Saturday, July 26, 2014

Review: The Forsaken by Lisa M. Stasse

The Forsaken

Author: Lisa M. Stasse
Release: July 10th 2012
Genre: Dystopia, Survival, YA
#1 in the Forsaken trilogy
Sequels: The Uprising (#2), The Defiant (#3)


As an obedient orphan of the U.N.A. (the super-country that was once Mexico, the U.S., and Canada), Alenna learned at an early age to blend in and be quiet—having your parents taken by the police will do that to a girl. But Alenna can’t help but stand out when she fails a test that all sixteen-year-olds have to take: The test says she has a high capacity for brutal violence, and so she is sent to The Wheel, an island where all would-be criminals end up.

The life expectancy of prisoners on The Wheel is just two years, but with dirty, violent, and chaotic conditions, the time seems a lot longer as Alenna is forced to deal with civil wars for land ownership and machines that snatch kids out of their makeshift homes. Desperate, she and the other prisoners concoct a potentially fatal plan to flee the island. Survival may seem impossible, but Alenna is determined to achieve it anyway.


This book has so little problems that it's problematic again. Now, that may sound contradictory at first, but bear with me for a second here. You see, this novel is one that follows the guidelines of average survival/dystopia story to a T. Every single trope, twist and plot device that you would expect is there, it is so awfully mediocre that it's almost not enjoyable because it is so boringly ordinary. See what I mean?

That is why, ultimately, the book fell through for me. The first half was interesting and that was when I still thought The Forsaken could be good, but soon I had to make the realization that I have seen and read this type of book, and exactly this type of book, a hundred times before. It's all there: the not-so-orphaned heroine, the controlling government, the obligatory test you take in your teens to test for something that will be pulled as a plot twist later on, the prisons rebels are being sent to, the insta-love, the bitchy girl, the high school drama, the major plot twist that is so expected it's laughable, the clue hunt for the whereabouts of the missing parents, <spoiler>the parent that is MAGICALLY alive and that we did not expect at all!</spoiler>, ... Seriously. There was not a single thing that surprised me about this novel, which ultimately killed the vibe.

What also majorly killed it was said insta-love, which is, again, one of the worst ones I have ever had the misfortune of stumbling upon. Granted, at least for once the relationship is not abusive in any way and the guy is not a jerk! But it was still very cringe-worthy how soon the romance started and I believe they kissed on, like, page 140 or something. Not to mention that there's the "instant recognition, feeling like they've known each other already before they met" spark that's supposed to create chemistry but personally, made me recoil from the whole thing, rather. I'll give Stasse one thing, and one thing only, and that's that she at least acknowledges that romance might not be the highest of priorities when you're trying to survive, and also Alenna at first turns Liam down because she knows her homegirl Gadya still has feelings for him. She at least tries to honor the girl code in some way. However, even this turns into every soap opera drama ever soon anyways, with Gadya, despite giving in and giving them their blessing soon after, being majorly pissed at Alenna for "stealing her boyfriend" or some shit and it all gets about a hundred times more ridiculous.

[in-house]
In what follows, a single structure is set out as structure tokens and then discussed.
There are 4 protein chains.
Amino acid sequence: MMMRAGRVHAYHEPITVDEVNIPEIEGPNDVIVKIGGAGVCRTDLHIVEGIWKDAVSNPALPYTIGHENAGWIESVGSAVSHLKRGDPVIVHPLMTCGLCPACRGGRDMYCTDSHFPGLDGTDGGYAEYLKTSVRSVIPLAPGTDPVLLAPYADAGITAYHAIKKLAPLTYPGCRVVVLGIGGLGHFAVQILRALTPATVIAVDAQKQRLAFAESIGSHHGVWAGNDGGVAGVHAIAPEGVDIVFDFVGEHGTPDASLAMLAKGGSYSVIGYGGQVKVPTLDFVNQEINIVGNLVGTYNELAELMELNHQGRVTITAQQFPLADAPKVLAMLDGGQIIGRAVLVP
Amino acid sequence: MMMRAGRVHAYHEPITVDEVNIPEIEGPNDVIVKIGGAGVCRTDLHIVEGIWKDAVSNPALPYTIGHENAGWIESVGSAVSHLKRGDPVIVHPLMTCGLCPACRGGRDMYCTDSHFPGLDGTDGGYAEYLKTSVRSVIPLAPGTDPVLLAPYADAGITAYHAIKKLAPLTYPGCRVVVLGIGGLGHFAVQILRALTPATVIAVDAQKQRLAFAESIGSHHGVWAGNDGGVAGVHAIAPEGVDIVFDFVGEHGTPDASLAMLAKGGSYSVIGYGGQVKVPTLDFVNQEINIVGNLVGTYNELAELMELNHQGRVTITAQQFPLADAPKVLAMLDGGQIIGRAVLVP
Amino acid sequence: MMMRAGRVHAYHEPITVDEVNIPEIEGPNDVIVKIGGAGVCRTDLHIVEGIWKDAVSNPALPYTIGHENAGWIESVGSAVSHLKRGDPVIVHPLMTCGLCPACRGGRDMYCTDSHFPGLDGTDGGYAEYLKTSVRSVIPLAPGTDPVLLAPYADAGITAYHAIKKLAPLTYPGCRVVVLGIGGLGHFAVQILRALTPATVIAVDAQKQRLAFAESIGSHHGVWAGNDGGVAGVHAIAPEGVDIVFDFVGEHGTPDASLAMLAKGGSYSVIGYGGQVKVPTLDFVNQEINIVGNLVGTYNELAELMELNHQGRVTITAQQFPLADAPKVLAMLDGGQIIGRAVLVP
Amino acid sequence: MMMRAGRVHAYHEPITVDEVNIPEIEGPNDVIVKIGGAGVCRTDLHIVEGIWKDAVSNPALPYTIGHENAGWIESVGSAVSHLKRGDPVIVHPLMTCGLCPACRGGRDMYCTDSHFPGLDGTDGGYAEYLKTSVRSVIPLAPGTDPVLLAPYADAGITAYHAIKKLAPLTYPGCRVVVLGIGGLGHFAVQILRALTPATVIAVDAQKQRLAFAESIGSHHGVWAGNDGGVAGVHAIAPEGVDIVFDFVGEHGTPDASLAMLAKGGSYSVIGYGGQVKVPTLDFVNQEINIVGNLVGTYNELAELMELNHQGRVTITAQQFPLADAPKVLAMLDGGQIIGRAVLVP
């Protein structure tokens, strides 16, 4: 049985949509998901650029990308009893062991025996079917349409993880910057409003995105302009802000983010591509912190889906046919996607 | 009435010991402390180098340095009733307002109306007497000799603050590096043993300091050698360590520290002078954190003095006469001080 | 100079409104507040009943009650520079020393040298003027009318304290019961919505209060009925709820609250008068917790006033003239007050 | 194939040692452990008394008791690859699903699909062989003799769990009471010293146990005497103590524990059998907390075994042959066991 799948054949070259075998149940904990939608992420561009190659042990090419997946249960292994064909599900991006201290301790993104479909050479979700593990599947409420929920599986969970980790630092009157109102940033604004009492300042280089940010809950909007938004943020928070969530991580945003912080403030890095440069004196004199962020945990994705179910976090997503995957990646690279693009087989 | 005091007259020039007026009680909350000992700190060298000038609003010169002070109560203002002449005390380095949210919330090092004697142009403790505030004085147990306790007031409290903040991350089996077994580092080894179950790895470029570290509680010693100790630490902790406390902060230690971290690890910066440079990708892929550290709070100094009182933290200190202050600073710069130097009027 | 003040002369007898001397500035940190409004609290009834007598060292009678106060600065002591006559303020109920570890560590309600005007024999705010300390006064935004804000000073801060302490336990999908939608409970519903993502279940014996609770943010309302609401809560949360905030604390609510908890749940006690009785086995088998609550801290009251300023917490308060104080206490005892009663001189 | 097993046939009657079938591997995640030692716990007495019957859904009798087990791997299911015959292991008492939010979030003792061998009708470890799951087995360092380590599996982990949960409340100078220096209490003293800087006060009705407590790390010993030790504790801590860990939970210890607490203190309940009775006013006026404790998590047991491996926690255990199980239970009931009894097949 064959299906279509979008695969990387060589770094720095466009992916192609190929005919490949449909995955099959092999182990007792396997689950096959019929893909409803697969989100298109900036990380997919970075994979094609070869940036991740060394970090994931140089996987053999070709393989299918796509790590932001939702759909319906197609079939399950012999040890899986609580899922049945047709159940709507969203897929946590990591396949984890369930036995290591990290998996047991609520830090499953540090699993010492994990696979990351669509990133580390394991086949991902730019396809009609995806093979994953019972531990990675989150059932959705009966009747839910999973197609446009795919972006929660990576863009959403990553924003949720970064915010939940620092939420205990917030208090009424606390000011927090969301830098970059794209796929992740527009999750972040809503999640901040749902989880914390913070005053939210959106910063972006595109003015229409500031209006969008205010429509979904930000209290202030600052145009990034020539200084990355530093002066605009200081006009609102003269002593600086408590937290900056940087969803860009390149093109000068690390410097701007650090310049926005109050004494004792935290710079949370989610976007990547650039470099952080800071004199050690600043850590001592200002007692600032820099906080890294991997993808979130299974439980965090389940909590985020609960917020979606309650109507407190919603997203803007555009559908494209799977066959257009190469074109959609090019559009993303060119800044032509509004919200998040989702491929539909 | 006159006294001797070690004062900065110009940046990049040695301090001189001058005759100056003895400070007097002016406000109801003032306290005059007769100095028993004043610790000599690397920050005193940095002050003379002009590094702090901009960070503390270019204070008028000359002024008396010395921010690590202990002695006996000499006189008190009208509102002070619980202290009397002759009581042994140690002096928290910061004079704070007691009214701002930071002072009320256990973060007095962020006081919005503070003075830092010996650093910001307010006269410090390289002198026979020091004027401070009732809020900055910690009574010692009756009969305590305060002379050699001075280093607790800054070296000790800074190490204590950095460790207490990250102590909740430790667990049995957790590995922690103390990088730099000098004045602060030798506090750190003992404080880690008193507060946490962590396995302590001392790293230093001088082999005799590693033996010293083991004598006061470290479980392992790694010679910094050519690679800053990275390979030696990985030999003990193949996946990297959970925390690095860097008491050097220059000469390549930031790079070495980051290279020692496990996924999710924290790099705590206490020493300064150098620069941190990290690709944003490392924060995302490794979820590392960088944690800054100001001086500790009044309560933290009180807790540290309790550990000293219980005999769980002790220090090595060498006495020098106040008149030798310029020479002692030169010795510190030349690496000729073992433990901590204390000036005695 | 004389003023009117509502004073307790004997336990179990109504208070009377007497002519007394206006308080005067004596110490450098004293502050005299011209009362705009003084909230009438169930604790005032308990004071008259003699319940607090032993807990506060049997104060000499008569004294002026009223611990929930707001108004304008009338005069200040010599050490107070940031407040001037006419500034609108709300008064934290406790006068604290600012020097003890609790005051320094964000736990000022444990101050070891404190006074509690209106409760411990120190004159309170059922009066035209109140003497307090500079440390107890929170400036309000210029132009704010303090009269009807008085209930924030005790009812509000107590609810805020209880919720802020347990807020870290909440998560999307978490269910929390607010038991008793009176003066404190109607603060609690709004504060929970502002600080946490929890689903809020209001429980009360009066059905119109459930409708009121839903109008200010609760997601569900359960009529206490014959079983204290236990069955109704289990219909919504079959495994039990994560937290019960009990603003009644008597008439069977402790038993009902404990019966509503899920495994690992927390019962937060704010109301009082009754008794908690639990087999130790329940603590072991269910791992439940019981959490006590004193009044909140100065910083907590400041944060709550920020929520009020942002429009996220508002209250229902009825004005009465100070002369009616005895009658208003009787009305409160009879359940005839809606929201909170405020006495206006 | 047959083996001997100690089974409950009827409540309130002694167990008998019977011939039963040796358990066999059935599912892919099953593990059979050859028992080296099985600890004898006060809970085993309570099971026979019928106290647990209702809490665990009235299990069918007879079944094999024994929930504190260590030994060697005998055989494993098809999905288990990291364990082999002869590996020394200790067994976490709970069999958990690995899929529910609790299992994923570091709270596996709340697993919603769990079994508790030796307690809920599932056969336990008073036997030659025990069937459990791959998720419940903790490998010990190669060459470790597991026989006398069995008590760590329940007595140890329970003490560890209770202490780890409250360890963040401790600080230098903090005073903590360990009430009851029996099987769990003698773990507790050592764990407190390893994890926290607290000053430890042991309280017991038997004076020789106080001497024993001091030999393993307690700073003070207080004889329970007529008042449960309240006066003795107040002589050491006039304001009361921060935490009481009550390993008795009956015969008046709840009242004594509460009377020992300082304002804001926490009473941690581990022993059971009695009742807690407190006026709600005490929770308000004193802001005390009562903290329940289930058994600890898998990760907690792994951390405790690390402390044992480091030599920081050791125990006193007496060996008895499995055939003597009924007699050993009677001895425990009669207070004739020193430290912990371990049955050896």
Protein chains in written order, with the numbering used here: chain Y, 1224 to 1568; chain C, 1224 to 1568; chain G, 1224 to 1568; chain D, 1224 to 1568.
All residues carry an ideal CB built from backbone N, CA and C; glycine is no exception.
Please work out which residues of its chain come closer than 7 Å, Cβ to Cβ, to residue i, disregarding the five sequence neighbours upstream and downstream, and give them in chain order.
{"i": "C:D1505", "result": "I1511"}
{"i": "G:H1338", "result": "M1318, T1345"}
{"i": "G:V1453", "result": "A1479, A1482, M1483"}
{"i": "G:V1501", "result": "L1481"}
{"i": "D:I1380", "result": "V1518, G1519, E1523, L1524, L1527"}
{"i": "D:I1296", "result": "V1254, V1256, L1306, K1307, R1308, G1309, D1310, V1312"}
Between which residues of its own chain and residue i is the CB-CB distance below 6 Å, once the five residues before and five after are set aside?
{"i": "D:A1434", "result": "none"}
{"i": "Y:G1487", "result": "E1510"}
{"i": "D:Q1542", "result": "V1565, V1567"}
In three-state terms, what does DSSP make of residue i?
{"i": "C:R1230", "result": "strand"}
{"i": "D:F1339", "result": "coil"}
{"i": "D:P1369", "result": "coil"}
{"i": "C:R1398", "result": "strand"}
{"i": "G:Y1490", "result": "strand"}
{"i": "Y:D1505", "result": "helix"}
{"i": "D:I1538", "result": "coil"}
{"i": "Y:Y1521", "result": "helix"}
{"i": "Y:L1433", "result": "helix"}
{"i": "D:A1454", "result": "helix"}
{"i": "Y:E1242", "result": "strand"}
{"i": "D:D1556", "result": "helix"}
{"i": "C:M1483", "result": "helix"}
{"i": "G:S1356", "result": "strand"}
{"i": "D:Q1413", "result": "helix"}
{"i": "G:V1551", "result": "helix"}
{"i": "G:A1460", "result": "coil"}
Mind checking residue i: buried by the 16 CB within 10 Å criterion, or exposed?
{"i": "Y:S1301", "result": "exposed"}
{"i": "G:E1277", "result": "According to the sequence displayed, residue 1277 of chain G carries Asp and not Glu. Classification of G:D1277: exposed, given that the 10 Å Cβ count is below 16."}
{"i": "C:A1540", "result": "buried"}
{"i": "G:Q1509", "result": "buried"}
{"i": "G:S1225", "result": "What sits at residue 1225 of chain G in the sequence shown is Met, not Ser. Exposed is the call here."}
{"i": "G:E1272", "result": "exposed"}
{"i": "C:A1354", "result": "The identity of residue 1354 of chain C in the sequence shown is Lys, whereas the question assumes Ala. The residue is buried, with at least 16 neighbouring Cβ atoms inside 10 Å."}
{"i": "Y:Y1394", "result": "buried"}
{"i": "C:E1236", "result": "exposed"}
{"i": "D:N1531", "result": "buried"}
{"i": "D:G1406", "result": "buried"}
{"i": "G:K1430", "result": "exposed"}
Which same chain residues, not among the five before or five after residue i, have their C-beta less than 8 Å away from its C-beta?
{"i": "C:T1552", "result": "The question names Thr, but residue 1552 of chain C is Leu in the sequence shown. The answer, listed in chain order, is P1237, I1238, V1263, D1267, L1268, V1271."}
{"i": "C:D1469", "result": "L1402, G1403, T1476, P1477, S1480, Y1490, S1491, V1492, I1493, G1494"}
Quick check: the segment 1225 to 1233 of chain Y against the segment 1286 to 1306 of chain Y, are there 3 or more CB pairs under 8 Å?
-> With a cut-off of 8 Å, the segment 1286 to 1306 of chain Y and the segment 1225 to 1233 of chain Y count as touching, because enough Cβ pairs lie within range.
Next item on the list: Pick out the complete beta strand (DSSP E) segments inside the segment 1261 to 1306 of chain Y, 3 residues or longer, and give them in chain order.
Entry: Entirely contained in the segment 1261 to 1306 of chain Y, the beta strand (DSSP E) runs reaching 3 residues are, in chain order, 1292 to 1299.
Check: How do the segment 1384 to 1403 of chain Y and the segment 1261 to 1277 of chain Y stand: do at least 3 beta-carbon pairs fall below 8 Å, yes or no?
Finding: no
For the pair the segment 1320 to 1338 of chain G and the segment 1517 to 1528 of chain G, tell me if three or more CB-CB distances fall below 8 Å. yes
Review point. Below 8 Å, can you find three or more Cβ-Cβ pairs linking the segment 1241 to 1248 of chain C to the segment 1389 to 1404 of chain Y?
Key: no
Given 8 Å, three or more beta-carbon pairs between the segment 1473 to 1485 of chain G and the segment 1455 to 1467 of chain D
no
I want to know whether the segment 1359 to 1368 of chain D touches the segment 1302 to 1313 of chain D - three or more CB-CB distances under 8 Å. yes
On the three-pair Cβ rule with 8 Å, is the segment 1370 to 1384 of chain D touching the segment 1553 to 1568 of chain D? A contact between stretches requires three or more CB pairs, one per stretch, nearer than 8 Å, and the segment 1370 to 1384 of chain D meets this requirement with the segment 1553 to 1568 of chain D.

As for the characters themselves, it's really almost a shame because they truly showed promise. Alenna was not a totally incompetent, dumb heroine! She could do what was right when she wanted to, she made the right decisions! I'll let that sink in for a moment.
Despite it all though, the why's behind some of Alenna's actions still remain a mystery to me and I simply cannot overlook the fact that she <spoiler>was whining like a little bitch and bumbling about when Liam was taken. Get your shit together, girl, you've known the guy for like two weeks. Two fucking weeks. You kissed, like, twice!</spoiler>
The rest of the characters were bland, bland, BLAND. I swear I have rarely come across characters that are this average. They didn't make me feel anything! I couldn't even hate them because they were so dull and uninteresting. Meh.

Ultimately, I think "meh" is a pretty good word to describe this novel overall. It's not outright bad, it's just that it is so unoriginal and uncreative that it's just no fun to read in the end. There's nothing that makes it stand out, it's so generic that it's almost not even worth the time of day. If you haven't read that many dystopians and feel like you haven't had your fair share of them yet, then this might not be such a bad choice, but if you, like me, are sick of the same old, same old, you'd better steer clear of this one.

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